The iPhone Antennagate is, for most intents and purposes, over. Apple's free-case quick fix for the problem tamped down consumer anger -- and Apple's great earnings report blasted its problems off the front page. Analysts predict the issue won't materially affect the company's next financial reports.
The long-term impacts of the problem are less clear. Will unforeseen negative repercussions emerge in the future? Did Antennagate cause some kind of fundamental shift in Apple's relationship with its core fans?
There are scholars who study Apple's consumers as religious devotees. Consumer behavior specialists Russell Belk of York University and Gulnur Tumbat of San Francisco State, even put together a framework for assessing Apple's mystical mythology. The company was built on four key myths, they argued.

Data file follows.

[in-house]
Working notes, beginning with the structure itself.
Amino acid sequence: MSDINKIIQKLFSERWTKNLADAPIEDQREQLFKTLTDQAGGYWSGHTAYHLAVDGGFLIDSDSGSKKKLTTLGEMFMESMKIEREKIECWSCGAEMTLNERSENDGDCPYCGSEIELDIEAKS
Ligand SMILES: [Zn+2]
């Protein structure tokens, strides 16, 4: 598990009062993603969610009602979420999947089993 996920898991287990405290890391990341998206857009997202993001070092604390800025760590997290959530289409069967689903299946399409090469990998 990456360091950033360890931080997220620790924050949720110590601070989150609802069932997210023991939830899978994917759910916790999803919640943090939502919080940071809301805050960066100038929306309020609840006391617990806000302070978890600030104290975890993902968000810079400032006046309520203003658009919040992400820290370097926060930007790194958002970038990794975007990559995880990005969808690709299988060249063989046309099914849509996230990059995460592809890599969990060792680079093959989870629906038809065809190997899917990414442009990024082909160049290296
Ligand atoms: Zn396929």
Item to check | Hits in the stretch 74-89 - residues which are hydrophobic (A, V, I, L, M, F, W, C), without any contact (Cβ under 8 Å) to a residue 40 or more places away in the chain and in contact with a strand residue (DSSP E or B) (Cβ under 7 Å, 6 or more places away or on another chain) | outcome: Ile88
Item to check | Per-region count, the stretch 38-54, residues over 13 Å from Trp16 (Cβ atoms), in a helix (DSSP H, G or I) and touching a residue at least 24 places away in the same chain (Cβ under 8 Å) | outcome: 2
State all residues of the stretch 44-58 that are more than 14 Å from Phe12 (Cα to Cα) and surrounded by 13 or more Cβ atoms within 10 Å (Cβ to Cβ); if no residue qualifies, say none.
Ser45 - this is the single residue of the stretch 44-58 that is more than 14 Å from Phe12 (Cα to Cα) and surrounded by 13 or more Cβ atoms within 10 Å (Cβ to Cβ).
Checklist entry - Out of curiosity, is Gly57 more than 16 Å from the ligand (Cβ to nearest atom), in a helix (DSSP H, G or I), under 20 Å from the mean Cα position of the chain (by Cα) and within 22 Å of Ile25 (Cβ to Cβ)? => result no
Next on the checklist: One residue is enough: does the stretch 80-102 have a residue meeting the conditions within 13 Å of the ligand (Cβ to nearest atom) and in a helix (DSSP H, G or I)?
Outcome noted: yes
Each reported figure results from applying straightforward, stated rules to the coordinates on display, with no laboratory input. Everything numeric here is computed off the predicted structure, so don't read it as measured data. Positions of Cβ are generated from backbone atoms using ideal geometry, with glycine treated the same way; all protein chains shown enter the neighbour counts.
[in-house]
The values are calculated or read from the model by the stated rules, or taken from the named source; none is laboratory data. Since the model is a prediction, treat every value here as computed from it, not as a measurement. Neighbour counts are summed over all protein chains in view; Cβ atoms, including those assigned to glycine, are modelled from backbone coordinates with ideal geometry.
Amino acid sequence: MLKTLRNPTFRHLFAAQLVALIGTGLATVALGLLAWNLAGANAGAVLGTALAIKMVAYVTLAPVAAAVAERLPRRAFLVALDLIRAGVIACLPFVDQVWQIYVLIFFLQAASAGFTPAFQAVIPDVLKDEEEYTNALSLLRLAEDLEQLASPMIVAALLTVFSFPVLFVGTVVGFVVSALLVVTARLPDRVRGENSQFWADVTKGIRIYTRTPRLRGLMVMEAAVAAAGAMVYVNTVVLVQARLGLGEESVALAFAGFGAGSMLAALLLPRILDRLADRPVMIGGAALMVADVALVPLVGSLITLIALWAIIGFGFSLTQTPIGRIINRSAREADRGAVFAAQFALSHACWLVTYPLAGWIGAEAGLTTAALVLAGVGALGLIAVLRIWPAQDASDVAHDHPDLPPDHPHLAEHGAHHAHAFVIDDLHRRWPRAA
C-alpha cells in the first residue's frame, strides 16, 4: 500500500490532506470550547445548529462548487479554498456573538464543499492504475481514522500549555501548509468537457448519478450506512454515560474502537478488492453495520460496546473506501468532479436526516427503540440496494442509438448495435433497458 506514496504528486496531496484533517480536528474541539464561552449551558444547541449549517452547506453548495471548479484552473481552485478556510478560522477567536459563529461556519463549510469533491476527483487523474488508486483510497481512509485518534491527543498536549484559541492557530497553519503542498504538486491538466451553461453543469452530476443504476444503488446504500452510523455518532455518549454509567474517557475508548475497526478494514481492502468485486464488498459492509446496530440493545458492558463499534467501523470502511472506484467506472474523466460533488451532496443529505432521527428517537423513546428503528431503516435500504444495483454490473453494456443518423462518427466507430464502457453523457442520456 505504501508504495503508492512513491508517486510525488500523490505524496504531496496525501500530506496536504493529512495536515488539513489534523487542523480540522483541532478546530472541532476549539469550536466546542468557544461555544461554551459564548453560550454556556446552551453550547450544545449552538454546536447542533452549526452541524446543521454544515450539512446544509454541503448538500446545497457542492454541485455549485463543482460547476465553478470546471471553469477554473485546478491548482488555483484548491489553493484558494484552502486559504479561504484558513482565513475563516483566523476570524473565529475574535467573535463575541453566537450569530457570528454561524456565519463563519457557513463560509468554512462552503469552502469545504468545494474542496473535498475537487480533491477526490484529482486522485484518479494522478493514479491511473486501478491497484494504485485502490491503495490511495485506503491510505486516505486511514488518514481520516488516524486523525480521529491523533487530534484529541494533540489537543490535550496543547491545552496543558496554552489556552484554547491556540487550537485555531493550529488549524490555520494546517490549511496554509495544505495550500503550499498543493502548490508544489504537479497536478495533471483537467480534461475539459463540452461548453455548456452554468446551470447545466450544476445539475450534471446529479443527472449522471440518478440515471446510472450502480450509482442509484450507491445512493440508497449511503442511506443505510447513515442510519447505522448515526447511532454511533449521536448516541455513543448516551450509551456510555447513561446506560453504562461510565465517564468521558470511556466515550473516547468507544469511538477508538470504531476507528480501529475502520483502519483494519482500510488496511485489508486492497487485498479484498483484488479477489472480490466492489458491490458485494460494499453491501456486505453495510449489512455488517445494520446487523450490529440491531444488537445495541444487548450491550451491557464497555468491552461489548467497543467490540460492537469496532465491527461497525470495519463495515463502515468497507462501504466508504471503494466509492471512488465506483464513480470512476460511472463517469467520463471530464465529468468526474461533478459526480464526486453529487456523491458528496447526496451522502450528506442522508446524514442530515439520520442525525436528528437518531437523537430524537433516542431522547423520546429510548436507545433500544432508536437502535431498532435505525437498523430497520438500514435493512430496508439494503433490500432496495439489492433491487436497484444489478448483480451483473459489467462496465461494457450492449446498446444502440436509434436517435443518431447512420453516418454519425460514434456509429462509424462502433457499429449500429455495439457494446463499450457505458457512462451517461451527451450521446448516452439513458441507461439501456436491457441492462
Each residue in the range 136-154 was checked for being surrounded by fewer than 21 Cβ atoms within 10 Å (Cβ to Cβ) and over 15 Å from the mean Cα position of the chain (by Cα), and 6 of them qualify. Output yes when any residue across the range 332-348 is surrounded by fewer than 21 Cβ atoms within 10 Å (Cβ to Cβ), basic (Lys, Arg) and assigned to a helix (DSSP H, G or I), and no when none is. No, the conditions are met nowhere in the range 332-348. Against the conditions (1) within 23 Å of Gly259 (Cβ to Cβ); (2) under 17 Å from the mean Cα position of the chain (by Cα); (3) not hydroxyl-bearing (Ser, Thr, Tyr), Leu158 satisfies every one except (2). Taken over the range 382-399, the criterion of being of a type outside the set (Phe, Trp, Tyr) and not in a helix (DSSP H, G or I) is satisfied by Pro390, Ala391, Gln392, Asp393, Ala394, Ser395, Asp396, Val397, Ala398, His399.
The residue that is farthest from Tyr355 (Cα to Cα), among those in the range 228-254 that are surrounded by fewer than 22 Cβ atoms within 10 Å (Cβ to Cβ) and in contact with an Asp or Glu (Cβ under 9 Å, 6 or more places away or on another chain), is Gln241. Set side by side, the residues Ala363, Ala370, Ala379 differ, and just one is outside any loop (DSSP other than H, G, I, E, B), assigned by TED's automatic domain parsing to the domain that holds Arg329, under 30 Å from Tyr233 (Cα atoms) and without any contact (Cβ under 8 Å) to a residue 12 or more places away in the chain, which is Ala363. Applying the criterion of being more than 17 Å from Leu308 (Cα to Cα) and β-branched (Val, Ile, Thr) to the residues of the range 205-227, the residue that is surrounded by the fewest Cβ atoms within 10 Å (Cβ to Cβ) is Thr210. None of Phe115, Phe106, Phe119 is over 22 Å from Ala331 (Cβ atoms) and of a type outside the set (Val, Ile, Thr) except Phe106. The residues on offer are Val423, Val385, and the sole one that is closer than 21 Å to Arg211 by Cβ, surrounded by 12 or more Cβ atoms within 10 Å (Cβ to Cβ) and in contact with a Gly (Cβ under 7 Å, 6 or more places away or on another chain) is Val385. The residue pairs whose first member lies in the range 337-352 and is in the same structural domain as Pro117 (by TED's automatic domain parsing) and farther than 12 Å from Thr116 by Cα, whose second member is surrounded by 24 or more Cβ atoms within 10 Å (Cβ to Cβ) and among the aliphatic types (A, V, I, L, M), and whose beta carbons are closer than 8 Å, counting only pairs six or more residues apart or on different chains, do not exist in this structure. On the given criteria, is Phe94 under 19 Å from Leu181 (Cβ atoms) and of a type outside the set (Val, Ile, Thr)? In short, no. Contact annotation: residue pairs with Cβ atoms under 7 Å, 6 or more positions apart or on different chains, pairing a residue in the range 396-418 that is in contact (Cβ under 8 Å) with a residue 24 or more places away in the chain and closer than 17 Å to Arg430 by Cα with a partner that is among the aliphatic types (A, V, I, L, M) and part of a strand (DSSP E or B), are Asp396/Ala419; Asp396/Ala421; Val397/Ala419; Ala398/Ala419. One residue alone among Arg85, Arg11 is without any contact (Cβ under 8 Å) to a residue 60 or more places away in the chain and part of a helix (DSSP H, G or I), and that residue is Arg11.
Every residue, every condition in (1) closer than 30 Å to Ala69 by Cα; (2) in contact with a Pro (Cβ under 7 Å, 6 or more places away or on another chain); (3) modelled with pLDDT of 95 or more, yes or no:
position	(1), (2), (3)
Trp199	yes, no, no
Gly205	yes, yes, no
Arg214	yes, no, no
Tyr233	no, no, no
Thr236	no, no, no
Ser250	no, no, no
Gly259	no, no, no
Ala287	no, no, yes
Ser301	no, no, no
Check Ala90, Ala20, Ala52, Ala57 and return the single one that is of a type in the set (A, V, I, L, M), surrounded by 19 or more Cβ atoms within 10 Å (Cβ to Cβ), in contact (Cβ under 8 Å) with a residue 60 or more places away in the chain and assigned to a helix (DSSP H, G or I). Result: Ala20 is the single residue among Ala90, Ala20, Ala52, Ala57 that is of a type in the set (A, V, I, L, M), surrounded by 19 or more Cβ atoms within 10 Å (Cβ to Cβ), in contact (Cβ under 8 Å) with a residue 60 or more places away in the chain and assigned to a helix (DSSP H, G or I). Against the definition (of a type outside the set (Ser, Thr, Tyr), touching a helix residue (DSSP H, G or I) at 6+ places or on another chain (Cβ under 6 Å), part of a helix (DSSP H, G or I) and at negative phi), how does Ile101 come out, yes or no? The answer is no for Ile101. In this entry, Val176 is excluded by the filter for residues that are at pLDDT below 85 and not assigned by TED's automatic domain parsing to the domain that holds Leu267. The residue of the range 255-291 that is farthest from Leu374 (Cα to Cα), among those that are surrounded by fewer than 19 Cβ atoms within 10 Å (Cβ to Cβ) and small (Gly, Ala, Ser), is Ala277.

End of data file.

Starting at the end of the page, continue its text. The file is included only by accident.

Here are the four narratives, as summarized by media scholar Texas A&M's Heidi Campbell, who distilled their work for her May paper "How the iPhone became divine":
- a creation myth highlighting the counter-cultural origin and emergence of the Apple Mac as a transformative moment;
- a hero myth presenting the Mac and its founder Jobs as saving its users from the corporate domination of the PC world;
- a satanic myth that presents Bill Gates as the enemy of Mac loyalists;
- and, finally, a resurrection myth of Jobs returning to save the failing company...
The stories they identified aren't myths in the sense that they aren't true, but more in the Joseph Campbell sense of being a story that helps people make sense of their relationship with the world. These ideas are where consumers attach to attachment Apple, so we thought it would make sense to see whether what happened during the affair could undermine any of these key beliefs.